Like many police officers, the pupil-officers had due consideration for sustenance and very few stories did not include a stop for a cup of tea, sometimes even specific brews: I put on a kettle for my Nambarrie cup of tea. Even after a couple of hours ‘work’ they felt the need for food: I stopped to have some stovies at the cake shop or I went to have a KFC bucket because I was so hungry.  Most folks have breakfast before they start work, even with an early start, but what about: PC Smart gets up at 2 am to get an early start at work and to have a glass of wine before his wife gets up.  I know the author of this line’s father, an eminent TV cameraman who is not called Mr Smart, (the name is changed to protect the innocent – or is he?)  In any dealings I’ve had with the father the camera has always been rock steady but I teased the life out of him over his son’s account of the early glass of wine.

Now that the budding officers had been fed, under Health and Safety requirements they needed the proper equipment for the job: Having got the call I quickly took off my pink fluffy bunny slippers and donned my wildlife crime suit. The pupil omitted to say if this allowed her to fly through the air.  The kids’ language often fascinated me.  The word ‘donned’ is just the perfect verb for this situation.    In even more colourful language another author was describing how he was gathering together all his gear for the wildlife crime job in hand. I considered him a budding professor of English language:  I need all the accoutrements perchance I stumble across a creature in dire straits.

Once they got under way, the mini-police officers had no mercy when they caught the criminal: It was Freddy Melville, my twin brother.  I arrested him and he got the jail.  Even worse: After investigating a poisoning incident I found 10 bottles of poison in my dad’s shed.  I put him in handcuffs and took him to the police station.  I said, ‘I’m sorry dad but I have to do this.’  I then went home and had my tea.  Ah well, at least he apologised to his dad for arresting him.

There were some unusual investigations.  One mini-cop was investigating the taking of eggs from a bald eagle’s nest at Arbroath cliffs.  I suppose it’s just possible a pair of bald eagles may have been blown eastwards across the Atlantic without coming to the attention of twichers!  I also learned of a new way to poach salmon: I saw him giving a worm a poisoned jab and throwing it in the river.  Another sleuth, on having a golden eagle fall from the sky at his feet arrested a group of poachers that capture rare birds and break one wing and throw them off a helicopter. It takes all kinds!

Some ventured into international wildlife crime, though they may not always have been aware of that: I got a phone call about a komodo dragon that had fallen off an 8 foot high wall and died.  The person wanted me to check that it was dead.  I went there, took one look and said ‘Yes’.  A man of few words but obviously good with a stethoscope.  Another ‘officer’ who had probably strayed slightly off his beat, wrote: Finally I found a tiger that was poisoned.  It was in the east of India.  The tiger was creamy and brown in colour and was a male.  It had nine cubs. The fact that a male tiger had cubs intrigued me.  I also wondered if the author managed back from India for his meal break.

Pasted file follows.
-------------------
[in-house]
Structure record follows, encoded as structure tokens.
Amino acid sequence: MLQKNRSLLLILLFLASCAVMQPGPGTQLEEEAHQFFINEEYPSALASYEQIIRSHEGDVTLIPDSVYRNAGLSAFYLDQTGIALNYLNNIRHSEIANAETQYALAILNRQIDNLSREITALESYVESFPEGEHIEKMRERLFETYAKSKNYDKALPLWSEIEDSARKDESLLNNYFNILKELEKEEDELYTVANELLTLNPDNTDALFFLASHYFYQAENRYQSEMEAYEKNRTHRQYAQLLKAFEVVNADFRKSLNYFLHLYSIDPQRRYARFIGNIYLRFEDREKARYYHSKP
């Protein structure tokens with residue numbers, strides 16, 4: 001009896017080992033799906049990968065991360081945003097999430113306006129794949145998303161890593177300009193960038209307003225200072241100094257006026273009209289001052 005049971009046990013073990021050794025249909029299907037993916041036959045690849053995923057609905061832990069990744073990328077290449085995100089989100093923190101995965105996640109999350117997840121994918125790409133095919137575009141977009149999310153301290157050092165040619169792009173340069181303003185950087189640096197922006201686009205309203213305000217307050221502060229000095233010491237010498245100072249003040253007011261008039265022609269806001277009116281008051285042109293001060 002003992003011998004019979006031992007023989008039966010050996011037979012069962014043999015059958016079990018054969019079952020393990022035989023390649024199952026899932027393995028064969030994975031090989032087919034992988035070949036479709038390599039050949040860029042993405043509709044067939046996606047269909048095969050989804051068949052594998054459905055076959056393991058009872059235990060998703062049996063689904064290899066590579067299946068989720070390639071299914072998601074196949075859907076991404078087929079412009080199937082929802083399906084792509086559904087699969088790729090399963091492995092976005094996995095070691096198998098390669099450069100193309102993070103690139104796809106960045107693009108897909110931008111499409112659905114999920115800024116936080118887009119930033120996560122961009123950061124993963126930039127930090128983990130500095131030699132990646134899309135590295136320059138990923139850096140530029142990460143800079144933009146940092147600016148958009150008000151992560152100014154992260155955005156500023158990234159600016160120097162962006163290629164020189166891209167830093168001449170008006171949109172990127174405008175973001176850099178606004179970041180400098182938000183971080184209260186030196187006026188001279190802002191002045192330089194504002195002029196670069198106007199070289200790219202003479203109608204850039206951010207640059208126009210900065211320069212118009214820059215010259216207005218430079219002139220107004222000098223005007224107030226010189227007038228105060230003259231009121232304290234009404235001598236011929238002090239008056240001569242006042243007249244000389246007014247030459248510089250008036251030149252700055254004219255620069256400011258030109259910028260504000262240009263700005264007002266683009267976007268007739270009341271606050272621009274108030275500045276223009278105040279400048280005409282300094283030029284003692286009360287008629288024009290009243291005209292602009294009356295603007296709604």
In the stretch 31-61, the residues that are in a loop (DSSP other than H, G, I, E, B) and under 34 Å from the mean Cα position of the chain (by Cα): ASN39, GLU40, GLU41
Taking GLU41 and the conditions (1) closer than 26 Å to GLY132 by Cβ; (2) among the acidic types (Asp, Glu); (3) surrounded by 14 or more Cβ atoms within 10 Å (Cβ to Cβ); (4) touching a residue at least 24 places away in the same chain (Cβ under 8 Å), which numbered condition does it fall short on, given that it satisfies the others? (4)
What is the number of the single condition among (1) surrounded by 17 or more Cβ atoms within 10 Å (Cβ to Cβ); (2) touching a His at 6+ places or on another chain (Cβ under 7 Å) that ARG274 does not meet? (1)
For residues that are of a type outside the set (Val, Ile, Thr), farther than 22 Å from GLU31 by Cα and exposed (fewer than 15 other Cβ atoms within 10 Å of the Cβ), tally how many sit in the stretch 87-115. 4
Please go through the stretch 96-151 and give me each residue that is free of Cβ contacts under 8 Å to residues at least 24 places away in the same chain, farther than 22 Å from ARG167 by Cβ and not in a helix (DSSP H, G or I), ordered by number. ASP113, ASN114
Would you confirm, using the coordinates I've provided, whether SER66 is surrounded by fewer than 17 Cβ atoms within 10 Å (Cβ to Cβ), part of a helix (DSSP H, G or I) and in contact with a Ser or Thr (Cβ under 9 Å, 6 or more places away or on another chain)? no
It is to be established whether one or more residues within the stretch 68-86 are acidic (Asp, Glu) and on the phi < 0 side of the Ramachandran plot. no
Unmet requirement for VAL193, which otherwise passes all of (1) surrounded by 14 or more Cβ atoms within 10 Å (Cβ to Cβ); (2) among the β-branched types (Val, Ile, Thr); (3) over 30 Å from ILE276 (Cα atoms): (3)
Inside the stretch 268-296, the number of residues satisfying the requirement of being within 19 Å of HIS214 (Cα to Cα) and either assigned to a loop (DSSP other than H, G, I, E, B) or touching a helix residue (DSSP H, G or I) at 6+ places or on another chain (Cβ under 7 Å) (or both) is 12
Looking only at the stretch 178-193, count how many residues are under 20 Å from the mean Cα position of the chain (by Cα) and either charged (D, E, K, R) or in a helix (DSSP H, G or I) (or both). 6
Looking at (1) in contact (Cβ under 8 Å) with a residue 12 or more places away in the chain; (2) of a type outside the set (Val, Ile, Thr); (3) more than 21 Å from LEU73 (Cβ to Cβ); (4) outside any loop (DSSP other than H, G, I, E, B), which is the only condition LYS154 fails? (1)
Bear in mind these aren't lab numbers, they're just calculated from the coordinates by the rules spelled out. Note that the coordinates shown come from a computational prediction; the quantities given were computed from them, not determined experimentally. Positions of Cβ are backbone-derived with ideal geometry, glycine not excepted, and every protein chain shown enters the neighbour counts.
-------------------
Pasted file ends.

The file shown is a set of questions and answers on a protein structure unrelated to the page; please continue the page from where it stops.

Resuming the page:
The previous escapade demonstrates that distance was no object to an intrepid wildlife crime officer.  What about this for a day’s work:  I was at Stanley Primary School giving a talk when a received a telephone call that a man was stealing eagle’s eggs at the top of Mount Everest.  I apologised to the pupils and set off for Mount Everest.  I didn’t have that much time; I had only 4 hours to get there.  There was a traffic jam half way there so I had to go the long way round, but it’s just 10 minutes longer.  When we caught the man I said we had done a good job and should have a drink.  We had to go by Taymount Wood on the way home because a badger was caught in a snare.  We saved the badger, which was good because it had children.  Three of the children had something wrong with them and died.  The one that didn’t die was the odd one out.  Well……what can I say!

Some of the accounts given require just a wee bit of thought. We found half a cracked egg under the nest (can half an egg ever not be cracked?) or I heard something like footsteps on a tree (I gather these sound slightly different to an expert from footsteps on the ground or even footsteps on the ceiling)

Penalties for those caught were sometimes pretty severe.  A certain Mr McIntyre has to serve at least life in prison for this wildlife crime. Criminals can also be excluded from vulnerable sites by the courts: The egg thief was fined and banned from all forests, rainforests, wood and jungles.  Sounds to me a good legal definition of any place that has trees!  Occasionally justice was meted out by the wildlife victim: A man called Billy went to an eagle’s nest to steal the eggs but the eagle swept him up really high and let him go. (it gets worse…..) So he got lifted again to the eagle’s nest and sadly got eaten.

Lastly, exasperated after a lengthy investigation to catch Horace Huckleberry, the UK No 1 egg collector, the wildlife crime officer-depute corners him.  As we all know the criminal always likes to have the last word: I was knackered when I eventually got to the tree.  I saw the silhouette against the sky and shouted to the egg thief to come down.  He said, ‘No way.  Bug off, I am trying to do some business!’

See Wildlife Detective and other books on this blog. If you would like a signed copy contact me on alanstewart164@btinternet.com